Mad at your therapist? Tell them!

So you start a new therapeutic relationship with a psychologist who, all things considered, seems good. You have conversations and you get to know each other. Of course your therapist might likely know more about your life’s content than you do about theirs but that’s the way it has to be for understandable reasons (I mean, I’m not going to take time to tell a client that I just finished that last season of Orange is the New Black and then argued with my fiancé about how much I thought it sucked). You will, however, get to understand how your therapist does his or her job. You will feel their level of knowledge, expertise, compassion, and empathy, to name a few things.

Now, what happens if your therapist says something you don’t like? I’ll never forget talking to one of my clients about another therapist he had seen in the past. He voiced, “She just didn’t listen to me and would never agree with what I was saying. We would always butt heads and I didn’t like it. I didn’t like her so I never went back.” He would also display this kind of dislike and mistrust with his physicians. We therefore found that he was constantly changing healthcare practitioners because he “didn’t like them, was angry with them, and never went back.” Was I the next “victim?”

Ladies and gentlemen, I can’t stress this enough. If you have a problem with your psychologist or therapist or doctor, TELL THEM! Telling your psychologist that you are angry with them, instead of just leaving, is a therapeutic goldmine. If you do this with a good therapist, one of two things will happen. 1) If the therapist did, in fact, do something that offended you, he or she will acknowledge the mistake, apologize, and talk about for as long as it is needed. The therapist will engage is good conflict resolution with you, which is such an important tool to use in the real world. 2) However sometimes, as in the case of my client above, the problem is not with the therapist but is, in fact, with the client. If you do not like your therapist and have a history of generally not liking your healthcare practitioners, you need to talk about this problem. If the therapist did not commit an offense, a good therapist will address the client’s anger and mistrust with diligent care. I can’t tell you how much of an amazing intervention this is! The client’s pattern of dislike, avoidance, and escape could easily mimic what happens in real life. He gets mad at people, avoids them and leaves, never to come back. If this pattern manifests with a therapist, the therapist has an opportunity to help the client work through avoidance and escape by lovingly questioning the behavior in the absence of judgement and abandonment.  In the real world, behavior like this is not favored by people.  In social relationships, this person’s behavior is likely not tolerated, judged, and discarded.  A psychologist, however, will loving stay alongside the client as they get mad, avoid, and attempt to leave.  This is a beautifully rare opportunity to legitimately help this client work through his, likely heartbreaking, social pattern.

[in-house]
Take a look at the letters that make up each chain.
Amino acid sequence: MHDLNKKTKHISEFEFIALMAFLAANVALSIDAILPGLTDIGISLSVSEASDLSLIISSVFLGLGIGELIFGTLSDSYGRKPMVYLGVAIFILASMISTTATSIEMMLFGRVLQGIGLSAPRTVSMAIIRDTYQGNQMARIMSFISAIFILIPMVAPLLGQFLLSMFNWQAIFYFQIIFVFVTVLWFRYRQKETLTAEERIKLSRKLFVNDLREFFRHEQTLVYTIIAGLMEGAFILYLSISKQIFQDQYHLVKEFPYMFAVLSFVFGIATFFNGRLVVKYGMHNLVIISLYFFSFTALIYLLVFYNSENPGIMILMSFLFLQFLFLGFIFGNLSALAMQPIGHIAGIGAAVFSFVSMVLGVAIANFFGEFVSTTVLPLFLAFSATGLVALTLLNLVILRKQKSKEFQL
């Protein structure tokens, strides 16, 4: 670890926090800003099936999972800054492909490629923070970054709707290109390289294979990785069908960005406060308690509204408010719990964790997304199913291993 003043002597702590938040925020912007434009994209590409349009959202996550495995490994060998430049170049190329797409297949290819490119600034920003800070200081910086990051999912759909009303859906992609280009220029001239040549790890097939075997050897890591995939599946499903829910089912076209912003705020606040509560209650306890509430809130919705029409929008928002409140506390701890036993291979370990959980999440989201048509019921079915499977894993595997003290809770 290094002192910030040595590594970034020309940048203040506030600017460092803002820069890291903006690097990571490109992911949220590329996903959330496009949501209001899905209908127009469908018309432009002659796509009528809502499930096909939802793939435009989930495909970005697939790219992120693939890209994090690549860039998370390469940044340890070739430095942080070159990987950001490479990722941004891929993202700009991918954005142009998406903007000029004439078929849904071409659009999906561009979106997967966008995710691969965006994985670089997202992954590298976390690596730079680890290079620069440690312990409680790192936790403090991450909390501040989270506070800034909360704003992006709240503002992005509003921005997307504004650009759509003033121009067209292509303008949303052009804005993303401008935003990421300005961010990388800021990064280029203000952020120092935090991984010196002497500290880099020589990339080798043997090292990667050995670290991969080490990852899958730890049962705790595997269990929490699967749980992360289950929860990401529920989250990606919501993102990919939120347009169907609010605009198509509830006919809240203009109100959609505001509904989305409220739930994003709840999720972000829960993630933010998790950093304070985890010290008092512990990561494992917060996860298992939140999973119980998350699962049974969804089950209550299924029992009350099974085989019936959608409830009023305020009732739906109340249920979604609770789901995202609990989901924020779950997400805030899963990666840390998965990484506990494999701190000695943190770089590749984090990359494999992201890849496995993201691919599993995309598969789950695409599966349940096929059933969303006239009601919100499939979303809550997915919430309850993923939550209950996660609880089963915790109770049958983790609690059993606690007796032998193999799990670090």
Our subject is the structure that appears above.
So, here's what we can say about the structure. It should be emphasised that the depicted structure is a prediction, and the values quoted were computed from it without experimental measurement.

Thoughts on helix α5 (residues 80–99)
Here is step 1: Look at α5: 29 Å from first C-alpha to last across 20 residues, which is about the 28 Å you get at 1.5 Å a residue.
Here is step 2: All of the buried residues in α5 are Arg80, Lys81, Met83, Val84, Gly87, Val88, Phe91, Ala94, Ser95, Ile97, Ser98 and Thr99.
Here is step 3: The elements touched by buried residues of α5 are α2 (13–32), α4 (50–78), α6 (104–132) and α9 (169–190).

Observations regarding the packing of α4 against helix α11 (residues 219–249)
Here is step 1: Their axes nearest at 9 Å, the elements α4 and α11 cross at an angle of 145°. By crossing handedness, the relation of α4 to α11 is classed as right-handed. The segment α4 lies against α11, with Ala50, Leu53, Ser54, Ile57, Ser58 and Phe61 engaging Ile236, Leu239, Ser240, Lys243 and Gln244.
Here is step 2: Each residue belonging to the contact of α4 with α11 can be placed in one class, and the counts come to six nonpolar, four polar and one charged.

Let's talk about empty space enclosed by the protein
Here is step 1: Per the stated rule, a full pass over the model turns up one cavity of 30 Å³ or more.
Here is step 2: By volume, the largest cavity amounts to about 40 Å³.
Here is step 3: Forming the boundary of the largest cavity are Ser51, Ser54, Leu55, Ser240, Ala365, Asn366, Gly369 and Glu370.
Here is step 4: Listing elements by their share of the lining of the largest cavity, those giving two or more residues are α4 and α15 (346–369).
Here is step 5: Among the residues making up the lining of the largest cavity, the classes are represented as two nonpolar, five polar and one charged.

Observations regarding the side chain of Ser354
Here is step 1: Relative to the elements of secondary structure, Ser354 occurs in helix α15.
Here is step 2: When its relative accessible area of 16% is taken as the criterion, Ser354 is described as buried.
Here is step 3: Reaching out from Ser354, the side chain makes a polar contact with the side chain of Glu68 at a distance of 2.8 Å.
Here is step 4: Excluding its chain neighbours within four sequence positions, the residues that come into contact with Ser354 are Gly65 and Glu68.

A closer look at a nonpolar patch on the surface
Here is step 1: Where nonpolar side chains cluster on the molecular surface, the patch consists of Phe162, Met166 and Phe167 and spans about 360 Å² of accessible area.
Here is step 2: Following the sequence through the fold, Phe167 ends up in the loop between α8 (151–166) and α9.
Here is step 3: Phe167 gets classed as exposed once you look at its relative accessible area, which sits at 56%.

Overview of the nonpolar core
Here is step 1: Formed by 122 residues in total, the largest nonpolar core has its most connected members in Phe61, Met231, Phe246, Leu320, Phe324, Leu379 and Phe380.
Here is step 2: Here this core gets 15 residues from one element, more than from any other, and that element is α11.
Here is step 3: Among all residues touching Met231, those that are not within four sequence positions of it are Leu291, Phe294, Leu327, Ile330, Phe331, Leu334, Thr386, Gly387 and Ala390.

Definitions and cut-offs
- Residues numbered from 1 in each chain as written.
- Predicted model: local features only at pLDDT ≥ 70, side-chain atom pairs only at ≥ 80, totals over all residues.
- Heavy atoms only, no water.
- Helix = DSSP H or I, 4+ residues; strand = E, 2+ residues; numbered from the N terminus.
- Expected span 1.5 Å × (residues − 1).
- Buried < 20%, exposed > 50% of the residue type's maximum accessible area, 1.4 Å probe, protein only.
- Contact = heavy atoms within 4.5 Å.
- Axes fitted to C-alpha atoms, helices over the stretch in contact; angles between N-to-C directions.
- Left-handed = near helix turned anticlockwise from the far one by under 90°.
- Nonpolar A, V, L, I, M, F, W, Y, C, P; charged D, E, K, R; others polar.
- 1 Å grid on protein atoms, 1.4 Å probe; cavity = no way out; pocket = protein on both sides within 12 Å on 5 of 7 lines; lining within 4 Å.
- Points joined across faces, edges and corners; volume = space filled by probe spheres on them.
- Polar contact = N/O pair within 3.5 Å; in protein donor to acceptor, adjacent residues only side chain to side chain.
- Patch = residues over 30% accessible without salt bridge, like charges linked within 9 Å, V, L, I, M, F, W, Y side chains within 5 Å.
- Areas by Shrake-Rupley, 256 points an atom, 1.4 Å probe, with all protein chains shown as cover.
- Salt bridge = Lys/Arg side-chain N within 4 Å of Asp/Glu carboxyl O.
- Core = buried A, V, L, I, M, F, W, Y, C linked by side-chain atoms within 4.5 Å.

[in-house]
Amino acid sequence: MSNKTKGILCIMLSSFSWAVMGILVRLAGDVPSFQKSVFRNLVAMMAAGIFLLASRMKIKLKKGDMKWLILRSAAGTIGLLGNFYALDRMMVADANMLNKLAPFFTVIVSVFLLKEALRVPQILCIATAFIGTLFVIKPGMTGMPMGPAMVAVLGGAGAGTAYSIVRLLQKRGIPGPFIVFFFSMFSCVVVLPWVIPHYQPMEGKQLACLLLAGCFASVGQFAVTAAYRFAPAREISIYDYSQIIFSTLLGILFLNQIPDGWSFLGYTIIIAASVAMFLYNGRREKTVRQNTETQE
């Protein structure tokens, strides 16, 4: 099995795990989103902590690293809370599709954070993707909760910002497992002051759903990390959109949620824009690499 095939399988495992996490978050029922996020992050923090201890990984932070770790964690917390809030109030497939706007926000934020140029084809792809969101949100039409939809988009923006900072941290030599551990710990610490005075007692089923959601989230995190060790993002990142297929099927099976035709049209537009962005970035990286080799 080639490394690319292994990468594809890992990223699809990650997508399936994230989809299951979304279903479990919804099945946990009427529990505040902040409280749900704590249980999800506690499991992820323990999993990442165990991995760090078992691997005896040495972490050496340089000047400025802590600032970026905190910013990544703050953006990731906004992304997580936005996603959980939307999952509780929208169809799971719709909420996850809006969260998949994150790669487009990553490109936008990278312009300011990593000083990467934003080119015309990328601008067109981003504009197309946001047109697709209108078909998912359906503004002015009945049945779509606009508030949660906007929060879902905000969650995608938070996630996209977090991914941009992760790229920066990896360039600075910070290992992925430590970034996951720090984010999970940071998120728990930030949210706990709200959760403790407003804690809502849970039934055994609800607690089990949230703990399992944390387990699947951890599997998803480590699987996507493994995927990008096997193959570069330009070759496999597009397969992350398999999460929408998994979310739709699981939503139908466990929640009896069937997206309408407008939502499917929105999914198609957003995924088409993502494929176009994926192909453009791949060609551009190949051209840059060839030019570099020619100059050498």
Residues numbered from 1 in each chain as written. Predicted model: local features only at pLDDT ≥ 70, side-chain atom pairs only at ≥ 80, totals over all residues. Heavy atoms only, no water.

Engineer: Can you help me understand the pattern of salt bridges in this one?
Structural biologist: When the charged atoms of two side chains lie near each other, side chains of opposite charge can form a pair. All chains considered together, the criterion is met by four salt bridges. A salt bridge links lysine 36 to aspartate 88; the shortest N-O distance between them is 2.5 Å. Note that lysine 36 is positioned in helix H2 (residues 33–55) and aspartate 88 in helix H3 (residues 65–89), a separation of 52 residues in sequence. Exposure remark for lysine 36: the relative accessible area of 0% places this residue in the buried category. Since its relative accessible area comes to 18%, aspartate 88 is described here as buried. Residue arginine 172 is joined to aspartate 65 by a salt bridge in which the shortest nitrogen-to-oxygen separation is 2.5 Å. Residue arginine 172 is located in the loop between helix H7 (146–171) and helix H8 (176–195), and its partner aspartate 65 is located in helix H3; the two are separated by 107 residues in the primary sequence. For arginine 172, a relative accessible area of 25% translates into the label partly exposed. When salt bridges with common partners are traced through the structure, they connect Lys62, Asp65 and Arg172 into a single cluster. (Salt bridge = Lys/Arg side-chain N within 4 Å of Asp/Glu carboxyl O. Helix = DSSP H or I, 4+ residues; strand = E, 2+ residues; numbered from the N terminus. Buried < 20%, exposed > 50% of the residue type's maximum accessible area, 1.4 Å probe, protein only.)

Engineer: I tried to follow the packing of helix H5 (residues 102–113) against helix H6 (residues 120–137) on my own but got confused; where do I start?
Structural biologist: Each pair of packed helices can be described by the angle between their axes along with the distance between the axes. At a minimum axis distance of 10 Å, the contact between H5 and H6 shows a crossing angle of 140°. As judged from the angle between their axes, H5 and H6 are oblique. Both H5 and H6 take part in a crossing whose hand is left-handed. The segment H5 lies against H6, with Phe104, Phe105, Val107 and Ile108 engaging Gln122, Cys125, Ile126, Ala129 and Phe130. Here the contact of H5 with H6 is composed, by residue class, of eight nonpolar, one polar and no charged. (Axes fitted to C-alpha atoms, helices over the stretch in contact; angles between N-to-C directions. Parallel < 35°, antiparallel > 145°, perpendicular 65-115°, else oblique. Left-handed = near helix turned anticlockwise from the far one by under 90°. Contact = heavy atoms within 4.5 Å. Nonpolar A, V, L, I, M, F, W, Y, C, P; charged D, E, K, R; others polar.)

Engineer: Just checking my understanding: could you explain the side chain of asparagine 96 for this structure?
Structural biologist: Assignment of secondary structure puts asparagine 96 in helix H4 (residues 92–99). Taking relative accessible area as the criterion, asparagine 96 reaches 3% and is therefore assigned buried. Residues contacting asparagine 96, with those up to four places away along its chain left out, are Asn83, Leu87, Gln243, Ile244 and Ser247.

In sum, if you have the strength to do it, please talk to your therapist about anything that you are feeling, even if you are feeling anger towards them. I’m telling you that if you work on your anger and faulty social assumptions and judgements, you’ll find healthier relationships with people who support you and stick with you through thick and thin.  

Anna-Maria Tosco, or our Sassy Psychologist, has two masters degrees in the field of psychology and has studied and worked coast to coast. She has worked in both psychiatric and community settings in some of Montreal's most respected healthcare organizations and institutions, and has also given a variety of talks and workshops on neuroplasticity, meditation, and uncovering barriers to love.

0 Comments